Eduardo Ramírez Villamizar’s 97th Birthday – Today’s Doodle celebrates the life and work of the esteemed Colombian artist Eduardo Ramírez Villamizar, widely considered one of the most notable sculptors of his country. Born in Pamplona on this day in 1922, Villamizar was the son of a jeweler who studied architecture before achieving worldwide acclaim for his paintings and sculptures.
Exposed to international modernism on trips to Paris and New York during the 1950s, he met with early success. One of his pieces, The Black and White Painting, was acquired by New York’s Museum of Modern Art in 1956, and two years later he won a Guggenheim award.
Upon returning home, he became a pioneer of abstract art in Colombia. His 1952 solo exhibition at the National Library of Bogotá was one of the first shows of abstract painting, and his 1957 Composition in Ocres was the country’s first non-objective mural. The curved shapes of his large El Dorado relief created for Banco de Bogotá were covered in gold leaf, a nod to pre-Columbian figures and Latin American goldsmithing. In later sculptural works, he translated the distinctive shapes of pre-Columbian art into abstract planes.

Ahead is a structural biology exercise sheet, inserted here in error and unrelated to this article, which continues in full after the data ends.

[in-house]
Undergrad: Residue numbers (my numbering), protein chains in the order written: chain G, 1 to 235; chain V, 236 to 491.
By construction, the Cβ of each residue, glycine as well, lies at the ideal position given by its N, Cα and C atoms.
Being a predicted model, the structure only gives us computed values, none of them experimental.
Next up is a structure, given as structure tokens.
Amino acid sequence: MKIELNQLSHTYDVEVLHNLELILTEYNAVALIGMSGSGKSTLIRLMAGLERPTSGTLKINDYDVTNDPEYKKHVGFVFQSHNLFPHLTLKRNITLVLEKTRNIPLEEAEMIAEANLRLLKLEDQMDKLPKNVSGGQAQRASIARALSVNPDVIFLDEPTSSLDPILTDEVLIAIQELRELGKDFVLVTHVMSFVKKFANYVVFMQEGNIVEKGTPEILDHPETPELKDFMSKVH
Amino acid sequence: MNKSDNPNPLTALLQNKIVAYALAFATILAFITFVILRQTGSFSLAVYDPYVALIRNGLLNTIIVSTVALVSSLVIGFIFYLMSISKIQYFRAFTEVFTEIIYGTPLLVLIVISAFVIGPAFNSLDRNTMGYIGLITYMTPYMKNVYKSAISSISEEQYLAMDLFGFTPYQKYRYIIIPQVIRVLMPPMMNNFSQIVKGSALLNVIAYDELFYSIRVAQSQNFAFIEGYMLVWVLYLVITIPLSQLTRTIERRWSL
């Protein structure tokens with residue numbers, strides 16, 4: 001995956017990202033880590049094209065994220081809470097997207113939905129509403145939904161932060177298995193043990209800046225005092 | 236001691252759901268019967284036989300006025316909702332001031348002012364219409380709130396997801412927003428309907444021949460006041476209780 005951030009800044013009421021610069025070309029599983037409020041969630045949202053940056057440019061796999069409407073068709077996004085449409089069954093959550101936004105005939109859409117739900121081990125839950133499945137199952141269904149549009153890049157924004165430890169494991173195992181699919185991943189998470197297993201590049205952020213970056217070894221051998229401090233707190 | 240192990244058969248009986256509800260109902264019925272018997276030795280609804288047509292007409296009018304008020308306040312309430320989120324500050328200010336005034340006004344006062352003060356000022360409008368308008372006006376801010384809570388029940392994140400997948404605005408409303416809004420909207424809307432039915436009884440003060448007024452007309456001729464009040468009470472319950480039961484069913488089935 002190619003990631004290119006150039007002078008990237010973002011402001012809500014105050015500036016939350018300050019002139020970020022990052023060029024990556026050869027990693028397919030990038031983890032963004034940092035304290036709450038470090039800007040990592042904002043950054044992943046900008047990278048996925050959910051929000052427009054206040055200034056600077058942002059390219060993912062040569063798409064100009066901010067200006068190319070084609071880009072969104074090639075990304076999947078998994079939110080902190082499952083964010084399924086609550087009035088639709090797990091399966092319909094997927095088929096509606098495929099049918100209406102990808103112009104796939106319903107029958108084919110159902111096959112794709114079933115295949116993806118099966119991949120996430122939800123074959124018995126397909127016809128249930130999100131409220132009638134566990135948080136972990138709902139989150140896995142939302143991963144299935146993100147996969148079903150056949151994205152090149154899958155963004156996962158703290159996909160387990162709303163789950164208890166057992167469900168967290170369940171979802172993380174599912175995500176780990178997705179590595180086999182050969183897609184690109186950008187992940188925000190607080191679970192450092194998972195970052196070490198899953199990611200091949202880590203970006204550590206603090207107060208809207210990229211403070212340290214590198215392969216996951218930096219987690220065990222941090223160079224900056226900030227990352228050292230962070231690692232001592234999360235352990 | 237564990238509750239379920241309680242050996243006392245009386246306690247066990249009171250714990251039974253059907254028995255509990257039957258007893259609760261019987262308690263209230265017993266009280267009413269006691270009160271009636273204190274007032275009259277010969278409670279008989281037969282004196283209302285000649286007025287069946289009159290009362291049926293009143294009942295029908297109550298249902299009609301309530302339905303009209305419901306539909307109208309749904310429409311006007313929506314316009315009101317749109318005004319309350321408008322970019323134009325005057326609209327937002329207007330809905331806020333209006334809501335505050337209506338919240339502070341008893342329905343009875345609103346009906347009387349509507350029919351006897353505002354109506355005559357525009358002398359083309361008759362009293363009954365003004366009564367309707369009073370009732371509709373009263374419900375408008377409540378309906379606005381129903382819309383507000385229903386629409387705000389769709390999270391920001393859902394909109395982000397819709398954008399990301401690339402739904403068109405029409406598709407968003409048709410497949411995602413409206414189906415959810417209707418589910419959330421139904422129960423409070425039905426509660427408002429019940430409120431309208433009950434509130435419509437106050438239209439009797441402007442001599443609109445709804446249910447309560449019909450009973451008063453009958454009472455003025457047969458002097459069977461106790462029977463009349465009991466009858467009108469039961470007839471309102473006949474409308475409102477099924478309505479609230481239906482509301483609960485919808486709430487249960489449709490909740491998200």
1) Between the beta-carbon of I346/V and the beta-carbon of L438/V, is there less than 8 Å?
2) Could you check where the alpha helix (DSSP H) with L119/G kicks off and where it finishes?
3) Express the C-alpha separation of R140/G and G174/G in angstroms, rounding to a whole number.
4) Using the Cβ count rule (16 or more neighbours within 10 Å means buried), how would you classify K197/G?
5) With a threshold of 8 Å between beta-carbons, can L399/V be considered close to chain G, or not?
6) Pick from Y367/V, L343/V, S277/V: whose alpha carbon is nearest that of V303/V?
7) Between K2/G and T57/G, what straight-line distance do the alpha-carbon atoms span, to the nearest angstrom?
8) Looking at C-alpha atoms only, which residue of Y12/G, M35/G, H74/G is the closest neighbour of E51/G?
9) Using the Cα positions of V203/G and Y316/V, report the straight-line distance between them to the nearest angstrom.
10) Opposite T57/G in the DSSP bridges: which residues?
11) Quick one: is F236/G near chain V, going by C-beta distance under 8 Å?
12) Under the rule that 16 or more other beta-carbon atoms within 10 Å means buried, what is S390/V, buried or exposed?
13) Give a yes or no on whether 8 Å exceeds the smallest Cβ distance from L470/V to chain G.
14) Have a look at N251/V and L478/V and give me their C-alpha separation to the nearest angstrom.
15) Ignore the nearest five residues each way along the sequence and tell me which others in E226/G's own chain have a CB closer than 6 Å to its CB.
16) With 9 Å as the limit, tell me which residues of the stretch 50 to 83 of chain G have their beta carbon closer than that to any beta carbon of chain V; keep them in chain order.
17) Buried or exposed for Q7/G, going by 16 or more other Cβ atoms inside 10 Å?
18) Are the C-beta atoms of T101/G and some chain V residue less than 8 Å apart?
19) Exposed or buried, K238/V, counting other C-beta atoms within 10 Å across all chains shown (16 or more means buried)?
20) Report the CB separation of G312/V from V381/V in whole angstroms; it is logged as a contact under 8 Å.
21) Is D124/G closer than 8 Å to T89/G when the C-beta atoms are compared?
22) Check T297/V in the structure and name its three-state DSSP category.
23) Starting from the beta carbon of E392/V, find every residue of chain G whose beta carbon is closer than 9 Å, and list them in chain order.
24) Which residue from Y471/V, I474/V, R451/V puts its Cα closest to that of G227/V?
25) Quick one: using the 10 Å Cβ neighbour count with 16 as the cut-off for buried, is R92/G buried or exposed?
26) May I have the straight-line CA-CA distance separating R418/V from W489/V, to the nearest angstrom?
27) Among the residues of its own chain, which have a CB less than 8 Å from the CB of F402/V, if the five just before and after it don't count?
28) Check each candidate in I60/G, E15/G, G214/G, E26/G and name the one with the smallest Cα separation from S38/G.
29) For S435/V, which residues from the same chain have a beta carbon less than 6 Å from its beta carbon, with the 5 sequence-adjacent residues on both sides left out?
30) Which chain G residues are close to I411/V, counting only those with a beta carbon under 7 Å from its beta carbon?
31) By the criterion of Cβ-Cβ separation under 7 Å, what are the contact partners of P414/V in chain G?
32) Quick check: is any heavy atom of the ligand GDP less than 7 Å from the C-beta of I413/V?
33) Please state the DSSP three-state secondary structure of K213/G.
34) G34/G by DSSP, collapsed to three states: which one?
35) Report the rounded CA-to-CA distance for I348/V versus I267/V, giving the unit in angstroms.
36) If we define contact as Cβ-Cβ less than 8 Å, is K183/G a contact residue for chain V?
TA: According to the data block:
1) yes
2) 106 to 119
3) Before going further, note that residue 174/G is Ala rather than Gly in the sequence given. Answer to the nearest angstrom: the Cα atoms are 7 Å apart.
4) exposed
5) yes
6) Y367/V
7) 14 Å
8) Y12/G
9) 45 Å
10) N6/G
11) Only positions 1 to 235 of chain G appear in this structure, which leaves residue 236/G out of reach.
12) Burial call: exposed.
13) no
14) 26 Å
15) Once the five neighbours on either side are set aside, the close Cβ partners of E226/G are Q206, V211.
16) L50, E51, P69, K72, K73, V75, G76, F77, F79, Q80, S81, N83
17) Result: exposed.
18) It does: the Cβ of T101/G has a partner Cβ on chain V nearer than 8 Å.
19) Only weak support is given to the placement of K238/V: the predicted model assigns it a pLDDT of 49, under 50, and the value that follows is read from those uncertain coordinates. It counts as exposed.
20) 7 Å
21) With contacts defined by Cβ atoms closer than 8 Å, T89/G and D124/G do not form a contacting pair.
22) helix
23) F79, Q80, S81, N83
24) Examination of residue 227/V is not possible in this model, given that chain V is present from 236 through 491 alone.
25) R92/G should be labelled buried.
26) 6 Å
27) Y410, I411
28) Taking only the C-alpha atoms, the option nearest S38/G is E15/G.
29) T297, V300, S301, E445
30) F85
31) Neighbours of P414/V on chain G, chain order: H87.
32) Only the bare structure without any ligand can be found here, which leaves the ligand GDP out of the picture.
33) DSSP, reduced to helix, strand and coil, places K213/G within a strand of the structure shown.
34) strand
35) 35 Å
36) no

Villamizar represented Colombia at the 1969 São Paulo Biennial, winning the second international prize. He created the monumental 1974 piece Sixteen Towers atop the Bogotá hills, and the Colombian government awarded him the prestigious Cruz de Boyacá. His legacy lives on at the Eduardo Ramírez Villamizar Museum of Modern Art in his hometown, where much of the artist’s work is housed in a grand colonial home in Pamplona’s central square.
Early concept rough sketch by artist Gerben Steenks
You can find more about Eduardo Ramírez Villamizar’s 97th Birthday on the official Google Doodle Page